Are you trying to decide whether a traditional tank or a tankless water heater is best for your home? If so, there are plenty of things you should consider when making this important decision. Here, we’ll go over some of the pros and cons of each type of water heater to help you make an informed decision before you start shopping.

How do tank and tankless water heaters work?

Traditional water heater: This water heater stores and preheats between 30 and 50 gallons of water inside a tank. This preheated water is used every time someone takes a shower, runs the dishwasher, does laundry, etc. When some of the preheated water supply is used, the tank refills itself and heats the water again so that there is always a reserve available for use.

Tankless water heater: A tankless water heater is different in the way that it uses a source of heat, either electric or gas, to heat up or cool water as needed. Rather than storing preheated water within a tank, the water is heated as you need it. 

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Tankless Vs Tank water heaters – Pros and Cons

Tank water heater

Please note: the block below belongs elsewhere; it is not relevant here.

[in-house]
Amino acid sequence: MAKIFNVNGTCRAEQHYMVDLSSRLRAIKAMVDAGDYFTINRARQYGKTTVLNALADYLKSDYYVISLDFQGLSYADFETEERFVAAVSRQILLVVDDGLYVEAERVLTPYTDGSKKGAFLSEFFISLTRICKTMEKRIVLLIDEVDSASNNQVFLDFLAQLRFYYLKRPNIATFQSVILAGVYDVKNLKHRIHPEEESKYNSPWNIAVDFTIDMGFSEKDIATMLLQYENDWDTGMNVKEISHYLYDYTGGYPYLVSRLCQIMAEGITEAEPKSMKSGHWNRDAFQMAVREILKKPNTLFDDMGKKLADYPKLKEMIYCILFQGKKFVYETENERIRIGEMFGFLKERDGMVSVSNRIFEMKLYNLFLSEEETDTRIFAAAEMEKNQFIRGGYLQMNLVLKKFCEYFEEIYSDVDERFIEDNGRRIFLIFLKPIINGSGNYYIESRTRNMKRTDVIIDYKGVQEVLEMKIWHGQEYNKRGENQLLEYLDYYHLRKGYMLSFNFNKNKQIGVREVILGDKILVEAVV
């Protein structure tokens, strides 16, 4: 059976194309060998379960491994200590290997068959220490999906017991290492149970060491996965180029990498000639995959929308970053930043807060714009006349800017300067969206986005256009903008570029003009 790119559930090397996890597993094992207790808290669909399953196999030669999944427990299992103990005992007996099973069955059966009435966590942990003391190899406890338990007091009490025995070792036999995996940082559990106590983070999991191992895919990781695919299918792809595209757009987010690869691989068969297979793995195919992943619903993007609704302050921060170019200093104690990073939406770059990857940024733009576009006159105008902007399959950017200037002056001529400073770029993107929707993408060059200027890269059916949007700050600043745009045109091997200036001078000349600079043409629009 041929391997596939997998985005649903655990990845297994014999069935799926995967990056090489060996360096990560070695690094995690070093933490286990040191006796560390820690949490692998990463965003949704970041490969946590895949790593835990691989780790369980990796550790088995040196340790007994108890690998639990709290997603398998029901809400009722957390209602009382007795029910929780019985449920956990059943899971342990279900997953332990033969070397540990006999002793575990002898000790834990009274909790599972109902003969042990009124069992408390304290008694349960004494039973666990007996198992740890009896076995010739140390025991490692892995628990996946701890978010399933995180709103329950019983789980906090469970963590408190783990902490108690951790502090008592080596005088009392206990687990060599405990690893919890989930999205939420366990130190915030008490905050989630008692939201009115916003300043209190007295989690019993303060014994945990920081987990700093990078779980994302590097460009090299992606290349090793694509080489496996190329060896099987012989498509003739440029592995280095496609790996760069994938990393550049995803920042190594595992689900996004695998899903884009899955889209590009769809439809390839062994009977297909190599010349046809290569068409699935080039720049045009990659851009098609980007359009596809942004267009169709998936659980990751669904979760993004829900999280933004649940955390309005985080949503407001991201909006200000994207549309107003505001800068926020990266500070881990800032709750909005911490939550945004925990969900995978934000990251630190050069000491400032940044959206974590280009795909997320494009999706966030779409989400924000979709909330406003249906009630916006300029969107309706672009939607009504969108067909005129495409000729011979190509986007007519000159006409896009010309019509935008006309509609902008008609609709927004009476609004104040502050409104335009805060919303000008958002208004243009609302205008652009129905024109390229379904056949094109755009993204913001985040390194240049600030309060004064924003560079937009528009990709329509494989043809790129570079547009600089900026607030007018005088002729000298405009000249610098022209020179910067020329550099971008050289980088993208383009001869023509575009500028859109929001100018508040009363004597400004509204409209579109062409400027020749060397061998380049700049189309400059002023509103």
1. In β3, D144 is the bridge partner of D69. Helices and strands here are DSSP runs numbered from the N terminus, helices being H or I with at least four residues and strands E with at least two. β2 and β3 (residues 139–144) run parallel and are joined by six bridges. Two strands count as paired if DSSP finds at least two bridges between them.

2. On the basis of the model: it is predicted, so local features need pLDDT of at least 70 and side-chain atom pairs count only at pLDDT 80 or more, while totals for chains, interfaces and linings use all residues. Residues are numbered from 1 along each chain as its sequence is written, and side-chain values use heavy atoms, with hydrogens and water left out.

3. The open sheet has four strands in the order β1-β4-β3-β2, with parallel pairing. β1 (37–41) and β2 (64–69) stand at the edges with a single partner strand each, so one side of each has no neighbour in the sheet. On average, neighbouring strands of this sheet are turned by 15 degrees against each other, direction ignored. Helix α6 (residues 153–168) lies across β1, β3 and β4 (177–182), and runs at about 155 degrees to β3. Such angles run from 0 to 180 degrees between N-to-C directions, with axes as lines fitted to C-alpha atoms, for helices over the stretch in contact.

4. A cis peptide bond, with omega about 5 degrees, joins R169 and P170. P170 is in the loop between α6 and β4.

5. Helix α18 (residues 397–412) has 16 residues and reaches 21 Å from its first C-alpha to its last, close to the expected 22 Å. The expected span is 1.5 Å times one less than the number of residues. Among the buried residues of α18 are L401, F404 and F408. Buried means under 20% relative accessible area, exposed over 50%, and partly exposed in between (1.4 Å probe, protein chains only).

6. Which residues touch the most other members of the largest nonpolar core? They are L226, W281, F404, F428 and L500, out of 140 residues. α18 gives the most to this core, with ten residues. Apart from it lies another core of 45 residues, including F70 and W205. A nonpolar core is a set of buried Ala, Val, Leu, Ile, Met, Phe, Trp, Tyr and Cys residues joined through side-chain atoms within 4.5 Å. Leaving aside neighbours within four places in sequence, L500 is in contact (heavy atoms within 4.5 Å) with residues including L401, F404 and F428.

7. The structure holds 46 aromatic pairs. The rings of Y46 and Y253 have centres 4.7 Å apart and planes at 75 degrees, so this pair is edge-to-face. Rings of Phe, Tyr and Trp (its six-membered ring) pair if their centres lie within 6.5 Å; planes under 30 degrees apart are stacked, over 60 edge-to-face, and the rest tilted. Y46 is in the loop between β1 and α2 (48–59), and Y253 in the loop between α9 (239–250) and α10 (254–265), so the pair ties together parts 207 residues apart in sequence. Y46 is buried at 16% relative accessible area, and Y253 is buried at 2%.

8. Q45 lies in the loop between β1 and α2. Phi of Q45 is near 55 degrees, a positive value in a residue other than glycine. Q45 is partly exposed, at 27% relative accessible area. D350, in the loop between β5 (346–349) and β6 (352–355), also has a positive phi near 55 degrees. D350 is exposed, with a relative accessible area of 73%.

• One benefit of having a traditional water heater is the lower initial installation cost. Traditional water heater installation can be as little as half the cost to install a tankless water heater. Along with cheaper installation, traditional water heaters are also easy and inexpensive to replace. If anything ever goes wrong with your water tank, it is much easier to replace or have maintenance done to it, and you can do the majority of the maintenance yourself – you would only need to pay for replacement parts. 


  • Traditional water heater tanks run out of hot water. If you have ever been the last in your family to take a shower, this is a familiar and dreaded experience. However, if you find yourself running into this problem, it can easily be resolved by purchasing a larger tank. This will allow your heater to store more preheated water so that it is readily available when you need it, and less likely to run out. However, this will increase your energy and water bills, due to more water being heated.